filter lengths can, in principle, achieve both somewhat superior resolution and higher throughputs but comes at the
cost of a significantly more complex circuit and a rate dependent resolution, which is unacceptable for many types
of precise analysis. In practice, XIA’s design has been found to duplicate the energy resolution of the best analog
shapers while approximately doubling their throughput, providing experimental confirmation of the validity of the
approach.
3.3. Trapezoidal Filtering in the DXP:
From this point onward, we will only consider trapezoidal filtering as it is implemented in the DXP
according to Equation 3-2 and Equation 3-3. The result of applying such a filter with Length L = 20 and Gap G = 4
to the same data set of Figure 3.2 is shown in Figure 3.3. The filter output Vx is clearly trapezoidal in shape and has
a risetime equal to L, a flattop equal to G, and a symmetrical falltime equal to L. The basewidth, which is a firstorder measure of the filter’s noise reduction properties, is thus 2L+G. This raises several important points in
comparing the noise performance of the DXP to analog filtering amplifiers. First, semi-Gaussian filters are usually
specified by a shaping time . Their peaking time is typically twice this and their pulses are not symmetric so that the
basewidth is about 5.6 times the shaping time or 2.8 times their peaking time. Thus a semi-Gaussian filter typically
has a slightly better energy resolution than a triangular filter of the same peaking time because it has a longer
filtering time. This is typically accommodated in amplifiers offering both triangular and semi-Gaussian filtering by
stretching the triangular peaking time a bit, so that the true triangular peaking time is typically 1.2 times the
selected semi-Gaussian peaking time. This also leads to an apparent advantage for the analog system when its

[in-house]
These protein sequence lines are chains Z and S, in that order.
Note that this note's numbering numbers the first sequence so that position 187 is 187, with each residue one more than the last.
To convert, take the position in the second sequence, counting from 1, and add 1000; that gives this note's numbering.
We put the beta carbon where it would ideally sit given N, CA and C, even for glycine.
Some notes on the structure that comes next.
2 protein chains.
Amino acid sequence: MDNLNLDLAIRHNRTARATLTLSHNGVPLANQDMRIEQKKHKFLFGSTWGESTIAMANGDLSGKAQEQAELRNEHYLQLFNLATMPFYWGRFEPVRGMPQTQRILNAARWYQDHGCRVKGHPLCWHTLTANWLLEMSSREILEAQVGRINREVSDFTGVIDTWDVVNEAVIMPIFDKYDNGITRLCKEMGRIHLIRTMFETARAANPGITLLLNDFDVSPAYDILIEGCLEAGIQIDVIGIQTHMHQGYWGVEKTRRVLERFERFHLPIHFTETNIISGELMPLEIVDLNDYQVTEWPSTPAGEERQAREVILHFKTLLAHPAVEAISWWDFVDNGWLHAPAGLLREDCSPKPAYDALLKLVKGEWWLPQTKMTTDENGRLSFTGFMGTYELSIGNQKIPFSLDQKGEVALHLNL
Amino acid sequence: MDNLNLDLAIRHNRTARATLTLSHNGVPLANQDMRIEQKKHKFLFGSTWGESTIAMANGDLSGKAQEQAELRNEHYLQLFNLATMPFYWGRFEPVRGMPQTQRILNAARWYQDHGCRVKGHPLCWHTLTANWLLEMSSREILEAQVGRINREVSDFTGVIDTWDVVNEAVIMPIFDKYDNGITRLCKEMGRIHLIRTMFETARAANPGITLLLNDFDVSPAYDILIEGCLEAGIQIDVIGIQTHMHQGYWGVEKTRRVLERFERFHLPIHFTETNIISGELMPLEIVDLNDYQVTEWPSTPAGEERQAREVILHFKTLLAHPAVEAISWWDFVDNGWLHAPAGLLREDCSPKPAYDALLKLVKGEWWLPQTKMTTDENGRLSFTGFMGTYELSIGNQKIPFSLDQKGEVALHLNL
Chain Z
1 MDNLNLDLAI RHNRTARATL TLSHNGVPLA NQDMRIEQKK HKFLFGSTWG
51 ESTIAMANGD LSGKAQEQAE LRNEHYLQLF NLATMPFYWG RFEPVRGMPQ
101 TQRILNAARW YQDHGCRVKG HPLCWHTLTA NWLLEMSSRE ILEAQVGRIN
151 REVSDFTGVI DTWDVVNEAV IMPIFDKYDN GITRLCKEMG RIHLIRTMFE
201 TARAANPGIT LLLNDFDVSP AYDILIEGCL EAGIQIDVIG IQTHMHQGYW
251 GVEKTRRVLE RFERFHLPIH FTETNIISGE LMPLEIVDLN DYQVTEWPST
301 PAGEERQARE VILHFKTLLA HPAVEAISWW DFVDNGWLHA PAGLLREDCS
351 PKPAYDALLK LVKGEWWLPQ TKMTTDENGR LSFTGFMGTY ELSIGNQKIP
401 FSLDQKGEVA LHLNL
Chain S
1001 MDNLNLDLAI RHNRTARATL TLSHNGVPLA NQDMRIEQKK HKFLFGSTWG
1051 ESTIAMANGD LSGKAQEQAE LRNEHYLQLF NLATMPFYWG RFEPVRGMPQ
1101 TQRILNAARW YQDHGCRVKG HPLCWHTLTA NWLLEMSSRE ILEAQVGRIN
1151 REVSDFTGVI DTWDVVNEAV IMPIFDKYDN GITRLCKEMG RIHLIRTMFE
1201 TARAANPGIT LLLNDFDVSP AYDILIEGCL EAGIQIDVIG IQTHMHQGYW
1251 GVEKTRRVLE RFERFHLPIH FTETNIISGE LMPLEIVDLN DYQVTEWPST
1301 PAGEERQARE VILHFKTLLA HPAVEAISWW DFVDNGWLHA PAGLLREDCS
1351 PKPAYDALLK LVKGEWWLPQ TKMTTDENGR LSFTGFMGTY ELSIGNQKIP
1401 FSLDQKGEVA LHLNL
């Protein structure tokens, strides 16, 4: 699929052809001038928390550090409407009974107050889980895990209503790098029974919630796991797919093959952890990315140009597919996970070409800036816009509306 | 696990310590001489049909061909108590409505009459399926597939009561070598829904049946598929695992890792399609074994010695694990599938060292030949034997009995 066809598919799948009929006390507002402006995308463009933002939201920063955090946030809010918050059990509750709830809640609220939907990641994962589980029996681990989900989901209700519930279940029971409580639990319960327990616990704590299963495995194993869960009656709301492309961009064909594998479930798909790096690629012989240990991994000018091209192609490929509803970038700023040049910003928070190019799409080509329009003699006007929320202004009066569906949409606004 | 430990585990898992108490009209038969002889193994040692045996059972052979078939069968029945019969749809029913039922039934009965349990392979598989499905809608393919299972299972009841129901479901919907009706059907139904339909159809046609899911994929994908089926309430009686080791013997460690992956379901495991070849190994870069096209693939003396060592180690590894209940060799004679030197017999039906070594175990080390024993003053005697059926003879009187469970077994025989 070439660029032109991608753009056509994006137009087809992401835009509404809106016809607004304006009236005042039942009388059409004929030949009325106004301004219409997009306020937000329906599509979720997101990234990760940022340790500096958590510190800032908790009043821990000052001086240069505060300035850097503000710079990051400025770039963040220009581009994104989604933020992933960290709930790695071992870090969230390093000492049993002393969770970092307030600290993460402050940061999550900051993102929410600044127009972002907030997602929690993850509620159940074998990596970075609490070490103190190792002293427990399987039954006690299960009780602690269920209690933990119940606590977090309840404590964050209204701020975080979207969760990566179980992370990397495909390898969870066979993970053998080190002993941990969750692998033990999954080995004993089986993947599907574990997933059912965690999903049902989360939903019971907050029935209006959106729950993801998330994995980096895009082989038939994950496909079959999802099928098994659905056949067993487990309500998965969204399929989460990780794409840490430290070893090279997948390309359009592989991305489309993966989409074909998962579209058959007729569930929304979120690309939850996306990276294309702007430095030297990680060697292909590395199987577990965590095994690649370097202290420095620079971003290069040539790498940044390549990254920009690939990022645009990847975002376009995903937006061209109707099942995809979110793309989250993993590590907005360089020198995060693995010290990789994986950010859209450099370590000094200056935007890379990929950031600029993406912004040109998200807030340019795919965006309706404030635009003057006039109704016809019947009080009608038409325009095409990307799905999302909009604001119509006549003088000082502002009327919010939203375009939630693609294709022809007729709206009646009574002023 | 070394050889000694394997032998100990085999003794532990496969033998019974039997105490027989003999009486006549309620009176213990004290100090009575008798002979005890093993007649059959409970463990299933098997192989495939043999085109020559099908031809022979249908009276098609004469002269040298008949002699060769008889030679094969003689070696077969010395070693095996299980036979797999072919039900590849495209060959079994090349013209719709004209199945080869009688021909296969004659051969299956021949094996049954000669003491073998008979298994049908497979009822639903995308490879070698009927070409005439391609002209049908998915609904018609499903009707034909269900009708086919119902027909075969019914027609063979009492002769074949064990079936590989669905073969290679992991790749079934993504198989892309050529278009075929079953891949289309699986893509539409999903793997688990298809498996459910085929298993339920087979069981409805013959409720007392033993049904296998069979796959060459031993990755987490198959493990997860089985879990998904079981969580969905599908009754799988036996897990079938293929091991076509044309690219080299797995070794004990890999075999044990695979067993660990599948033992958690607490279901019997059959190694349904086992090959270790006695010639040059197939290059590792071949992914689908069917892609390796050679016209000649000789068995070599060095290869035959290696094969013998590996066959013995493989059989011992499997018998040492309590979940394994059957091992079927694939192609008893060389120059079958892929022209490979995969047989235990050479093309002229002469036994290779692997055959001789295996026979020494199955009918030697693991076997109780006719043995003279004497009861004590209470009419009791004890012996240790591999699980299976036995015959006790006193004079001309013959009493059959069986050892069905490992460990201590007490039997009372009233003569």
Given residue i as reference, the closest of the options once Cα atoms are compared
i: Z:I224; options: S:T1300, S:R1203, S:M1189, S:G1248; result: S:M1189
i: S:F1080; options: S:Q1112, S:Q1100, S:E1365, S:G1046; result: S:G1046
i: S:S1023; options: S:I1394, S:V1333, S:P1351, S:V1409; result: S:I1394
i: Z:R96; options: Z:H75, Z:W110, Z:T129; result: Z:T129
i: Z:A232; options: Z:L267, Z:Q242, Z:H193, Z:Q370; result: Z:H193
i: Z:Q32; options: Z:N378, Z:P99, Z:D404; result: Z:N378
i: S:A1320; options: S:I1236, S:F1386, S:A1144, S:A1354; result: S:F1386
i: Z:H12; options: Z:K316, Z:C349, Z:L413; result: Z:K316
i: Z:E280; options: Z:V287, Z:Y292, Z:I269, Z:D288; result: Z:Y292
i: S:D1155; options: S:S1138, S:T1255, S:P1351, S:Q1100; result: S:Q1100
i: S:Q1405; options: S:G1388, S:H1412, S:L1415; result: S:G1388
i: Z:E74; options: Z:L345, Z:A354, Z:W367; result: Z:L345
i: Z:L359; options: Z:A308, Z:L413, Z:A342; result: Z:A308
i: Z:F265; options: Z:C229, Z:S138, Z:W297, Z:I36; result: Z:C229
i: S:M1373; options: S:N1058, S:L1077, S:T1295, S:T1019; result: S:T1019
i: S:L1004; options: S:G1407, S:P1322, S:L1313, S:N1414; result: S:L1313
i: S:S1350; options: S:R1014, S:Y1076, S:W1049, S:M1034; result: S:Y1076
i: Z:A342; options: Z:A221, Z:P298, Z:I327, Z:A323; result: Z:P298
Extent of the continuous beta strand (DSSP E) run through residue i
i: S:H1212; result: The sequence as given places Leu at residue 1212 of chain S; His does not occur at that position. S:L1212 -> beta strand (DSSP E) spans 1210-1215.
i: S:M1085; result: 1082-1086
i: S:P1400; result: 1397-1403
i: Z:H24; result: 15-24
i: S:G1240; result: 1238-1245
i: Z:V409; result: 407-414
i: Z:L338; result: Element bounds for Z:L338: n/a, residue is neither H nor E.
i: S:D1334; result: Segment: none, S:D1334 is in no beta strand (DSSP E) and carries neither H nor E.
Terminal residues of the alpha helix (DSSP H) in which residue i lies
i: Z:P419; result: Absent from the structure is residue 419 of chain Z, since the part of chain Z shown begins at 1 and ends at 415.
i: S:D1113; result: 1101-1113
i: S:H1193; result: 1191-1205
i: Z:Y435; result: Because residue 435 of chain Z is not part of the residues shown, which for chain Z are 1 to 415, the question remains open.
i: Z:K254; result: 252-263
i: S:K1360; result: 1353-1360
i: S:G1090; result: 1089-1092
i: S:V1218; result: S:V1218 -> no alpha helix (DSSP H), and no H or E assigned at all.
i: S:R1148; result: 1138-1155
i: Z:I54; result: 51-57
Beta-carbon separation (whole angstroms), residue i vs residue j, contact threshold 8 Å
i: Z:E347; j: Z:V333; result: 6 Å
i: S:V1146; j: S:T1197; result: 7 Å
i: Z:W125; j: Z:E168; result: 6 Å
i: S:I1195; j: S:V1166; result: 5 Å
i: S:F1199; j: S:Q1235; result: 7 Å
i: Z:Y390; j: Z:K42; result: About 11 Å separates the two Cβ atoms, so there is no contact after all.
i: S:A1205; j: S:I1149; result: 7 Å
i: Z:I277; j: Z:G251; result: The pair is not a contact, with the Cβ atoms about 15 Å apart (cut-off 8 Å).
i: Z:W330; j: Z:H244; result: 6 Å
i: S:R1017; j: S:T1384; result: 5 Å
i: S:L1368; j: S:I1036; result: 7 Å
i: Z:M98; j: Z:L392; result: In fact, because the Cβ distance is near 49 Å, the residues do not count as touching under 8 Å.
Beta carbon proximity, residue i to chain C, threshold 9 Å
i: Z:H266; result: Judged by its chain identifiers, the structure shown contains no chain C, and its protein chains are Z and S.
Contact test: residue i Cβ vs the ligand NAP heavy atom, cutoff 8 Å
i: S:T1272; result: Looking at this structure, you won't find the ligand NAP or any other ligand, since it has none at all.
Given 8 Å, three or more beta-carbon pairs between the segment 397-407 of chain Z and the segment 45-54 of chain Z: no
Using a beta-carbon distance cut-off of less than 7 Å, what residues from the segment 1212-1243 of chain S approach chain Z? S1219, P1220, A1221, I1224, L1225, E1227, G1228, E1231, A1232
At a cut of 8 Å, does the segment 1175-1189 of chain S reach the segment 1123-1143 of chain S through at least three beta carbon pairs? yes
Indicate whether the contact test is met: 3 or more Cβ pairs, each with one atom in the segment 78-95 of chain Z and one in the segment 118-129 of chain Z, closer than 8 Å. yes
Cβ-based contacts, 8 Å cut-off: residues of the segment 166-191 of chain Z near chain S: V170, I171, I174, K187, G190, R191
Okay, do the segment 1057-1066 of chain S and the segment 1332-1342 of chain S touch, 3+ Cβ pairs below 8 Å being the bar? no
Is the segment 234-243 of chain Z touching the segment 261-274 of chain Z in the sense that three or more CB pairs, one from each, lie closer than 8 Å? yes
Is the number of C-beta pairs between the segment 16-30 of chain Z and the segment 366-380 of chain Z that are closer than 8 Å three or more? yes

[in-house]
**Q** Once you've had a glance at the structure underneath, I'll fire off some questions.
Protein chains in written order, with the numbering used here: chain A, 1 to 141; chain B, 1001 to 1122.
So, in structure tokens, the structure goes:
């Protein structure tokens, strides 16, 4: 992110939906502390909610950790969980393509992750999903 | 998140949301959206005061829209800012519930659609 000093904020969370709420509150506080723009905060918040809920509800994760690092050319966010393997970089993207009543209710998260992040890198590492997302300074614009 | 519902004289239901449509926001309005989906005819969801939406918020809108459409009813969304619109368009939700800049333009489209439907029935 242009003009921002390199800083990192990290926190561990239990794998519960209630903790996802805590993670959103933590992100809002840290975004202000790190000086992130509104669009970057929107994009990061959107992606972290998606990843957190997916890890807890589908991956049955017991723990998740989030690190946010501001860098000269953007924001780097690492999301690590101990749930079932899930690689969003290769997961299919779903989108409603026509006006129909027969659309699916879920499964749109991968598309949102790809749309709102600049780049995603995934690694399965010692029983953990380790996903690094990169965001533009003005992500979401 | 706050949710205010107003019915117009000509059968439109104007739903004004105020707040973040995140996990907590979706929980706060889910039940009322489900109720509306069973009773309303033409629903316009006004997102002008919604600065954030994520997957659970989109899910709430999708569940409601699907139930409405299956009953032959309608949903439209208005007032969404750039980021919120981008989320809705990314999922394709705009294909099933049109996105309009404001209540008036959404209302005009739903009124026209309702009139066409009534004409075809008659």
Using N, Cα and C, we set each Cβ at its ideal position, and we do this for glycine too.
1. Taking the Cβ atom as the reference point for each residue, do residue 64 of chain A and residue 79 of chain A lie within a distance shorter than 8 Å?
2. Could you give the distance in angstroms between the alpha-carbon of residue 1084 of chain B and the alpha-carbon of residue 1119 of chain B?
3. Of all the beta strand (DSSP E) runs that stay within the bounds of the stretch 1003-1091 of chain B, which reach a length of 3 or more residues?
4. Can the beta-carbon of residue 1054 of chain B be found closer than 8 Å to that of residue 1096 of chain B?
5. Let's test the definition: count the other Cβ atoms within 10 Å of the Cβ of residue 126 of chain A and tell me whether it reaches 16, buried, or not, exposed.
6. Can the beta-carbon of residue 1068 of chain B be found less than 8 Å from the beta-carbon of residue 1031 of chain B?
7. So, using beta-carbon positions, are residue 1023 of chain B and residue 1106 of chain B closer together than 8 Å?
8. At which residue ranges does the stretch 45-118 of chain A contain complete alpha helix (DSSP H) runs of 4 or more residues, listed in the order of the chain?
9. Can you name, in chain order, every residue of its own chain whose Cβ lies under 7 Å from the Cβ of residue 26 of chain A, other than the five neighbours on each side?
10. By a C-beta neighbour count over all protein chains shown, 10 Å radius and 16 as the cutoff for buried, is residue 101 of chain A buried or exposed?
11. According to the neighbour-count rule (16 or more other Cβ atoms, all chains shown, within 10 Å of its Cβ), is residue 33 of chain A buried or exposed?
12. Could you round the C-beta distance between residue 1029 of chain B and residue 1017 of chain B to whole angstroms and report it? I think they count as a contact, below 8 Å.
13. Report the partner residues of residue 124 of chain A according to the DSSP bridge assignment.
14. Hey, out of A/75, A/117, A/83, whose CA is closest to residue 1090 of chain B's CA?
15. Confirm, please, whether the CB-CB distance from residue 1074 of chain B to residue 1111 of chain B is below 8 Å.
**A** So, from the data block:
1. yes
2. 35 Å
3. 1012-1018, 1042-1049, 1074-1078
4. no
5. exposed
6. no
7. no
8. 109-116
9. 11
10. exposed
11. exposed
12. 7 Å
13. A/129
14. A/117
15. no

energy resolution is compared to a digital system with the same nominal peaking time.
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One extremely important characteristic of a digitally shaped trapezoidal pulse is its extremely sharp
termination on completion of the basewidth 2L+G. This may be compared to analog filtered pulses which have tails
which may persist up to 40% of the peaking time, a phenomenon due to the finite bandwidth of the analog filter. As
we shall see below, this sharp termination gives the digital filter a definite rate advantage in pileup free throughput.
6
Filtered Step S.kfig 960920
Output (mV)
4
2
0
L
L+G/2
2L+G
-2
Preamp Output (mV)
Filter Output (mV)
-4
24
26
28
Time ( µs)
30
32
Figure 3.3: Trapezoidal filtering the Preamp Output data of Figure 3.2 with L = 20 and G = 4.
3.4. Baseline Issues:
Figure 3.4 shows the same event as is Figure 3.3 but over a longer time interval to show how the filter
treats the preamplifier noise in regions when no x-ray pulses are present. As may be seen the effect of the filter is
both to reduce the amplitude of the fluctuations and reduce their high frequency content. This signal is termed the
baseline because it establishes the reference level from which the x-ray peak amplitude Vx is to be measured. The
fluctuations in the baseline have a standard deviation σe which is referred to as the electronic noise of the system, a
number which depends on the peaking time of the filter used. Riding on top of this noise, the x-ray peaks contribute
an additional noise term, the Fano noise , which arises from statistical fluctuations in the amount of charge Qx
produced when the x-ray is absorbed in the detector. This Fano noise σf adds in quadrature with the electronic
noise, so that the total noise σt in measuring Vx is found from
σt = sqrt( σf2 + σe2)
Equation 3-4